An Anytime Recipe: Flor de Izote con Huevos Revueltos (Yucca Flower with Scrambled Eggs)
Ingredients (Serves 2-4)
4 semi-packed cups of yucca flowers
2 medium roma tomatoes
6-8 green onions
One clove garlic
1T olive oil
Tortilla chips or Homemade tortillas (flour or corn)
1. Prepare flowers using the boiling method described above.
2. Seed and dice tomatoes (1/4-inch dice)
3. Chop green onions (1/8-inch width – using both the green and whites)
4. Mince garlic. (fine mince)
5. Beat two eggs in a small bowl.
5. Heat olive oil in saute pan at medium high heat and saute garlic, tomato and onion for about 10 minutes.
6. Add drained flowers, mix thoroughly, cover and cook for 2-3 minutes.
7. Add well-beaten eggs. (This should look like very little egg for the amount of flowers in the pan. The point is to have very little egg. The star is the yucca (see recipe photo). This isn’t a frittata or a quiche where there is usually more egg than filling. There should be just enough egg to fill in the space between the flowers.
8. Season with salt and pepper
9. Plate with some salsa ranchera and eat with your tortillas/tortilla chips.
Iguashte de Flor de Izote (Yucca flowers in a rich, tomato and pumpkin seed sauce)
This dish is good as a side or as an individual course.
Ingredients (Serves 2-4)
4 semi-packed cups of yucca flowers
1/3 cup of pepitas plus two tablespoons
1.5 pounds of tomato
1 medium sweet onion
1 clove garlic
2 cups of chicken broth (or water)
1T olive oil
Salt and pepper
1. Prepare the flowers using the soaking method. Rinse, drain, reserve.
2. Brown the pumpkin seeds. Reserve two tablespoons. In a spice or coffee grinder, grind 1/3 cup to a powder, but don’t go so far as to make a paste/nut butter.
3. Cut your tomatoes in half, your onion in fourths (rings) and peel your garlic. Place them in a 425-degree oven for 10 minutes. Change oven to broil and place them on the top shelf under the elements for 7-10 minutes or until they have some charred coloring.
4. Put your tomatoes, onion, garlic and chicken stock/water or into your blender and liquefy as fine as you can.
5. Heat olive oil in a saute pan on medium high heat and add your sauce. Boil gently for five minutes. Add your ground pepitas and stir well. Continue to cook until it is a thick sauce.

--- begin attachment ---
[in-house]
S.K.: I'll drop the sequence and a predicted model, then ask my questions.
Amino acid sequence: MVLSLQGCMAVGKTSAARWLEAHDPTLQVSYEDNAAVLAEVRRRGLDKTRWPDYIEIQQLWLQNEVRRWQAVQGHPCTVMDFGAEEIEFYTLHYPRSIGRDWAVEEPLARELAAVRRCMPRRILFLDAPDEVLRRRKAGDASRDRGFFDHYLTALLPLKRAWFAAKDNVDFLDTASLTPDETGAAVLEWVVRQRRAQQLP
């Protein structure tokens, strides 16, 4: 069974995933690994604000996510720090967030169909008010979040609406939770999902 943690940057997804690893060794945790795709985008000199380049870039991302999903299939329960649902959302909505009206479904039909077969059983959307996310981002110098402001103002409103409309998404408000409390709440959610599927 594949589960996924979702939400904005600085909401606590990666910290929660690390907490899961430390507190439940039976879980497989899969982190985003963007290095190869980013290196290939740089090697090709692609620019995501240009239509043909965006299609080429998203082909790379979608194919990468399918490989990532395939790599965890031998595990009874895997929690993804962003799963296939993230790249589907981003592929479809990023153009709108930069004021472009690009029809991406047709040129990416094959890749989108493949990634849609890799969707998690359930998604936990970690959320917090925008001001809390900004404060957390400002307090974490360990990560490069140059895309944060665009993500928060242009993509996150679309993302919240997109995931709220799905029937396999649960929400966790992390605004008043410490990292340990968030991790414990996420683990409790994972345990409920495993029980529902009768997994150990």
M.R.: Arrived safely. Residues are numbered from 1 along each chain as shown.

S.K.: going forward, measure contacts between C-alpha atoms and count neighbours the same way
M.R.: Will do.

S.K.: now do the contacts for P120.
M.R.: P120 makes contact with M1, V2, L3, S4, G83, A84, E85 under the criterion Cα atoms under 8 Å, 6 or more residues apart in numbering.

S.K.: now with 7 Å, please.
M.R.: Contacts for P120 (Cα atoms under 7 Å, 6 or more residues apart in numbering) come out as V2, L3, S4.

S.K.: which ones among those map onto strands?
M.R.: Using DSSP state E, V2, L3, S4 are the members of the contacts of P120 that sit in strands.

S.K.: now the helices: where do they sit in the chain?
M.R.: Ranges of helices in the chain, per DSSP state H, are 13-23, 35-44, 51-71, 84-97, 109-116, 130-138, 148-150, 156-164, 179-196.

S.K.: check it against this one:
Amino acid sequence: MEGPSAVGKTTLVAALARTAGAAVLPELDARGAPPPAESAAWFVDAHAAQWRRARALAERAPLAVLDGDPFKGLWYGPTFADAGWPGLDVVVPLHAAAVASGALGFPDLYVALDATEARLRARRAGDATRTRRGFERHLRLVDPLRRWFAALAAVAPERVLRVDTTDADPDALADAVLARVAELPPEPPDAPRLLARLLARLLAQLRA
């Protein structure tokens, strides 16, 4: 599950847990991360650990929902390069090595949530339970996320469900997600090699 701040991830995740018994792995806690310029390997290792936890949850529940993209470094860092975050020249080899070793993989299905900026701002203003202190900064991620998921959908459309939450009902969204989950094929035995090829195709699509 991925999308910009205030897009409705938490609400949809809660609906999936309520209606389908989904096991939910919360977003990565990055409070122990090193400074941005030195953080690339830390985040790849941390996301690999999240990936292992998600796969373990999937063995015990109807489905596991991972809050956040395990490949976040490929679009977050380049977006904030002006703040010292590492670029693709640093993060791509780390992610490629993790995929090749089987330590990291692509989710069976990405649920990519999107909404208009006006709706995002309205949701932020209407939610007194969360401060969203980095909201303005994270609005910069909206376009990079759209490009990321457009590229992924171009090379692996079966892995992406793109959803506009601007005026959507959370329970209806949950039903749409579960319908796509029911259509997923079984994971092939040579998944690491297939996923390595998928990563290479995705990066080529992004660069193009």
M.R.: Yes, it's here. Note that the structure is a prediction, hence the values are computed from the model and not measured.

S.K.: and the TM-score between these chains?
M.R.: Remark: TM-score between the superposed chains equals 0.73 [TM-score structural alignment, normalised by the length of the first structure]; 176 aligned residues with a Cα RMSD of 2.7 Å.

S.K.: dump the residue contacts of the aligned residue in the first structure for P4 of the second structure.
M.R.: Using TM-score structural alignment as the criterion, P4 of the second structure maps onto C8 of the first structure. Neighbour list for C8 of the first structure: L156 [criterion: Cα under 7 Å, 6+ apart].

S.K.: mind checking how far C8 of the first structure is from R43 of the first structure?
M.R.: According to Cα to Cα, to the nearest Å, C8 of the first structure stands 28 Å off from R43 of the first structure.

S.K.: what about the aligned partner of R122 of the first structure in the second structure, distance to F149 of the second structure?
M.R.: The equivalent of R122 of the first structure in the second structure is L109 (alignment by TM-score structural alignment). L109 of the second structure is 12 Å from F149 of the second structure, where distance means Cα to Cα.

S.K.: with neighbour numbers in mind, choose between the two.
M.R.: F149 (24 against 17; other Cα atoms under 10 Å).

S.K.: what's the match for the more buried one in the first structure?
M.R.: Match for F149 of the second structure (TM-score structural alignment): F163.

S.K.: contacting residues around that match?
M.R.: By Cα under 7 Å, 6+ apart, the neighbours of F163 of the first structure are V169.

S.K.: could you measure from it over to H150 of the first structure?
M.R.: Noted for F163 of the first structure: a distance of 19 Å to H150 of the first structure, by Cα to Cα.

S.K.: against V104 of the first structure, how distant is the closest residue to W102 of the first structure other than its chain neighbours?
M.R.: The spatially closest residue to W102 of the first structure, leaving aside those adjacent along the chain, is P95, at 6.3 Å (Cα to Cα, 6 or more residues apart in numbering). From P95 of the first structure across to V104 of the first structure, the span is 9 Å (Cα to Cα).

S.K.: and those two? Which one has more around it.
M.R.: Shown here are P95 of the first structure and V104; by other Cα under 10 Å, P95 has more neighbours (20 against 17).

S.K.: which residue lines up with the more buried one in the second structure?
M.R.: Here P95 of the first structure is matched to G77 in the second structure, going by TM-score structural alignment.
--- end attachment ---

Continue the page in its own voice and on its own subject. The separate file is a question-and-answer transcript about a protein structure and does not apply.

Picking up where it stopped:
6. Add salt and pepper to taste.
7. Add flowers, stir, coat and cook to desired consistency. (We like the flowers to be slightly wilted, retain some body and have a nice crunch.)
8. Plate and top with remaining two tablespoons of pepitas.
(Thank you Euda Morales at entrecocinasyrecetas.blogspot.com)
New York Strip with Yucca Flower in a Cinnamon-Ancho Adobo Sauce
Ingredients (Serves 2)
1 New York Strip (1lb.)
4 cups of Yucca flowers (semi-packed)
1 large ancho chile (dried poblano)
half pound lb roma tomato (or other saucing tomato)
1 large clove garlic
half of a large sweet onion
half stick of cinnamon
five black peppercorns
2 teaspoons sugar
2T olive oil
1. Prepare flowers using the soaking method. Rinse. Drain. Reserve.
2. Salt and pepper steak and let it sit.
3. Cut tomatoes in half. Cut onion in fourths (rings). Peel garlic. Cook in preheated 425-degree oven for 10 minutes. Switch to broil and place under broiler for 7-10 minutes or until you have good color.
4. Grind five black peppercorns and half stick cinnamon in spice/coffee grinder until powdery.
6. Liquefy vegetables in a blender. Add peppercorn cinnamon spice mix.
7. Grill steak to desired doneness. Set to rest for 10-15 minutes.
8. Heat oil over medium high heat in a saute pan. Add sauce. Incorporate with oil. Add sugar a little at a time to taste. Thin sauce as desired with some chicken stock/water. (We like something between sauce and gravy). Salt and pepper to taste.
9. Add flowers. Stir. Cook to desired consistency. (We like petals well wilted with some discernible body and a nice crunch from the center of the flower)
10. Cut steak across the grain.
11. Shape bed of flowers and plate with steak and a few raw yucca flowers as garnish.